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KU Basketball 2010 Retrospective: Exhibition Season Victory over Fort Hays State
Jayhawks Start the Season Off Right
On a crisp autumn night in Lawrence, the Kansas basketball team opened the 2010 season with an exhibition victory over Fort Hays State. Kansas improved to 52-7 in all-time exhibition games and won its 34th straight, dating back to the 1995-96 season. Earlier in the day, the Lawrence Journal-World reported Sherron Collins and Cole Aldrich had been recognized as preseason first-team All-Americans, the first time two Jayhawks had been so honored since 1997, when Raef LaFrentz and Paul Pierce were named to the first team.
Collins and Aldrich didn’t disappoint in their debut, a 107-68 victory over Fort Hays State; Collins scored a game-high 19 points and Aldrich had 13 points, 13 rebounds, and three blocks. Other notable performances included Tyshawn Taylor’s, who came off the bench for 15 points, five assists and four steals. Markieff Morris chipped in 12 points and nine rebounds, while his brother Marcus added 10 points, six rebounds and four assists. Ten Jayhawks played and scored, and six reached double figures, including highly touted freshman Xavier Henry.
Scoring for KU: Sherron Collins 19; Tyshawn Taylor 15; Xavier Henry 14; Cole Aldrich 13; Markieff Morris 12; Marcus Morris 10; Elijah Johnson 9; Tyrel Reed 7; Thomas Robinson 6; Jordan Juenemann 2.
KU shot 32-for-60 from the floor (53 percent), 7-for-17 from three (41 percent) and 36-for-43 from the free-throw line (84 percent).
Fort Hays State was led by Corbin Kuntzsch, who scored 17 points and added eight rebounds and four assists. Dominique Jones and Dijon Smith also reached double figures for the Tigers with 11 points each. Fort Hays State shot 23-for-68 from the floor (34 percent), 10-for-26 from three (38 percent) and 12-for-19 from the free-throw line (63 percent).
KU out-rebounded FHSU, 47-34. KU had 18 turnovers; FHSU had 21.
Who didn’t play was nearly as significant as who did: Connor Teahan, Mario Little and Travis Releford sat on the bench in street clothes. Apparently returning players cannot be red-shirted if they participate in exhibition games (while freshmen can), and Coach Bill Self is considering the option of sitting some or all three players. C.J. Henry was also on the bench in street clothes, nursing a knee injury sustained in practice. Meanwhile, Jeff Withey and Brady Morningstar will not play until second semester. The broadcast team made no mention of Chase Buford, and while I recall some trouble for an alcohol-related incident, I don’t remember if he is paying penance for this or some other transgression.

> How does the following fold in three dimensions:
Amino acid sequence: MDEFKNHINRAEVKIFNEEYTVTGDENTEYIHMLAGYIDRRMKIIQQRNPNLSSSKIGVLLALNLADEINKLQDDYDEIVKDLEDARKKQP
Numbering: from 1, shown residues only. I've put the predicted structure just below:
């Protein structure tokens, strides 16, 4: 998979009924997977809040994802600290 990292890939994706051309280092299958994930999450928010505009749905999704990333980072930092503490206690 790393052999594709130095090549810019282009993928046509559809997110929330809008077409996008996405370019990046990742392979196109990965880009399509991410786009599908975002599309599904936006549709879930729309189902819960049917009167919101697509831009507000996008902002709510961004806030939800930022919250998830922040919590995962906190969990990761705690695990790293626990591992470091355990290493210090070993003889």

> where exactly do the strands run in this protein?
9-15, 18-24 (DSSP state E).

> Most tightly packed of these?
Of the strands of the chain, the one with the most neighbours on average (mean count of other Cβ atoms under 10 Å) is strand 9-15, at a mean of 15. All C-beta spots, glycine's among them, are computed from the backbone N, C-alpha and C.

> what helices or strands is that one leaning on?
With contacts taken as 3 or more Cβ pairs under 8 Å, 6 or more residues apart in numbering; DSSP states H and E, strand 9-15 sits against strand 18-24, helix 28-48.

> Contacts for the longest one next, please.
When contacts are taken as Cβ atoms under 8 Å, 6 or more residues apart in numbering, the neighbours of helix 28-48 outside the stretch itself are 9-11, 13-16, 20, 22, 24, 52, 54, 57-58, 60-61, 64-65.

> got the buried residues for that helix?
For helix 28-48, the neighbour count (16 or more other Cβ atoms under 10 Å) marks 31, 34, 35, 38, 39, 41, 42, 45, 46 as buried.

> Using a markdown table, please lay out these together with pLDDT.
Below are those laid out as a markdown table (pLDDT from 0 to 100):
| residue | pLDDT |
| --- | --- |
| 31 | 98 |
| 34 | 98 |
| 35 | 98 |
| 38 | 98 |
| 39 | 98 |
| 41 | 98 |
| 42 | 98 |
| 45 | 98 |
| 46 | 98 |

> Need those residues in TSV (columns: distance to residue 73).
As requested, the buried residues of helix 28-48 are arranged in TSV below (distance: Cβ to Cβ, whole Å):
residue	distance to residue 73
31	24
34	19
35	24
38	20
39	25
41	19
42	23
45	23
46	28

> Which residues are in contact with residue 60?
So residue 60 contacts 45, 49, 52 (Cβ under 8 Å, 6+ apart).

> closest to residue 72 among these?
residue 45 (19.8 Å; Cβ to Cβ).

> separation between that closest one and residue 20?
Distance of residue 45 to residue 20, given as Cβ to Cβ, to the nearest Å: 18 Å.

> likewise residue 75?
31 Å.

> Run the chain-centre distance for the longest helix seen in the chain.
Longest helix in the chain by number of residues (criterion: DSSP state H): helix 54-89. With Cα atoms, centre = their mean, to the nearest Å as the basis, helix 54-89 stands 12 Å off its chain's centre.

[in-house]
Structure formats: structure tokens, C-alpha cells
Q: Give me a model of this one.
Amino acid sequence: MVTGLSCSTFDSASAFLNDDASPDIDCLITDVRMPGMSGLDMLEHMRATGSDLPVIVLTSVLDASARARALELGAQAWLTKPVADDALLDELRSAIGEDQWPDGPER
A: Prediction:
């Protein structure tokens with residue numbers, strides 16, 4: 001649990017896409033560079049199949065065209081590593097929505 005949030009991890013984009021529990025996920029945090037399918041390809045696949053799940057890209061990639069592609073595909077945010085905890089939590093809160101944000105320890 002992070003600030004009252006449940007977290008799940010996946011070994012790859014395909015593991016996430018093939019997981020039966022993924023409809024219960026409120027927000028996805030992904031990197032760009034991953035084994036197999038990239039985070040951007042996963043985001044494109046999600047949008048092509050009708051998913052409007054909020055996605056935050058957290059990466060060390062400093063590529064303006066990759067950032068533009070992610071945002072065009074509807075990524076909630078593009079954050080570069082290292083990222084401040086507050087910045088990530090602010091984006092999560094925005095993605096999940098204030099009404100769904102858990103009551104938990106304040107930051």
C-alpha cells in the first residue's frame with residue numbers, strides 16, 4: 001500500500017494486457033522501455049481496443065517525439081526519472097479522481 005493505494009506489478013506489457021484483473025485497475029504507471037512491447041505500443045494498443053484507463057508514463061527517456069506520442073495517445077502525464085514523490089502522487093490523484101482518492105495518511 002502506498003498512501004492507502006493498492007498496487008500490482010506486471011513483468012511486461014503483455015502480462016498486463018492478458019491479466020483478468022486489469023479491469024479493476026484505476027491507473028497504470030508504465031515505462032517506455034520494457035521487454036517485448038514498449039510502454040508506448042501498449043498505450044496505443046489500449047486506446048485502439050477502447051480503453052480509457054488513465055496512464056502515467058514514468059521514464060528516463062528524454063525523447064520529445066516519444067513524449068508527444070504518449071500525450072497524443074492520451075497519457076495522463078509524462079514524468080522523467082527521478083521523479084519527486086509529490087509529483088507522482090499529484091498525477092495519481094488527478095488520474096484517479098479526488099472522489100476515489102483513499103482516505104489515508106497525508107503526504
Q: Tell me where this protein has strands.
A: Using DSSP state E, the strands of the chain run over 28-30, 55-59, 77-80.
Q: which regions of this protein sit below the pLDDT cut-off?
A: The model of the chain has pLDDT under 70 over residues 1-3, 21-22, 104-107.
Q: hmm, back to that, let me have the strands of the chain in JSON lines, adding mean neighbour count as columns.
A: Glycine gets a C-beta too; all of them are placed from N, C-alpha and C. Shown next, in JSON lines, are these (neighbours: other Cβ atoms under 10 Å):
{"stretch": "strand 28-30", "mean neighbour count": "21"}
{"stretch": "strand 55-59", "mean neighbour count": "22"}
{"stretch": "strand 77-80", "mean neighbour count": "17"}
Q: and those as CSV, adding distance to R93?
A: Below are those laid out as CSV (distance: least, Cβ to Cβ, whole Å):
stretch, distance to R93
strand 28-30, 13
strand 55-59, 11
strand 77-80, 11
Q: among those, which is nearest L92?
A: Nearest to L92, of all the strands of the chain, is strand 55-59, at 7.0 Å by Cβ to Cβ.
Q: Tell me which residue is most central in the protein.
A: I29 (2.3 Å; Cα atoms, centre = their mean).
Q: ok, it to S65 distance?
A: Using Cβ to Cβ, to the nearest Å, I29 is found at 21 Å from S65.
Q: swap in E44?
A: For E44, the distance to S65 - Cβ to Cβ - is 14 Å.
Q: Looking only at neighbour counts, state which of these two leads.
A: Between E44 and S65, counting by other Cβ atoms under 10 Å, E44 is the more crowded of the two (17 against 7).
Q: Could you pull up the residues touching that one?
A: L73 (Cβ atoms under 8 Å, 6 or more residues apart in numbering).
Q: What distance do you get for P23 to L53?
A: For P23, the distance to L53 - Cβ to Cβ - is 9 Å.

The freshmen looked good in their first game as a Jayhawk, and all three were on the court together for a period in the second half. Henry is clearly an outstanding shooter whose presence in the lineup will greatly benefit Collins and Aldrich, and Thomas Robinson hit the boards well. I counted four offensive rebounds for Robinson, including two missed free throws. Elijah Johnson displayed good speed and strength, and I sincerely hope he is not on Bill Self’s short list for red-shirts this season. I would like to see him gain experience before Collins departs. Johnson also appears primed for a nickname, as the broadcast team referred to him as “the Prophet” on more than one occasion.
The Good: 1.) The Morris twins looked bigger, stronger and more confident. They might not be dominant players, but they look capable of providing steady, consistent play. 2.) Collins selectively controlled the game, hitting several key baskets when the Jayhawks struggled on offense. When they didn’t need him to assert himself, he spread the ball around and ensured the others were involved. 3.) The freshmen all looked capable of contributing to the team, adding credence to the notion that everyone on this team can play, from top to bottom. 4.) Jordan Juenemann scored his first collegiate basket. 5.) KU hit 84 percent from the free throw line, an outstanding team percentage. KU hit 72.5% from the line as a team last year, a more-than-acceptable percentage. If they can increase that a few percentage points, it will only make them that much deadlier.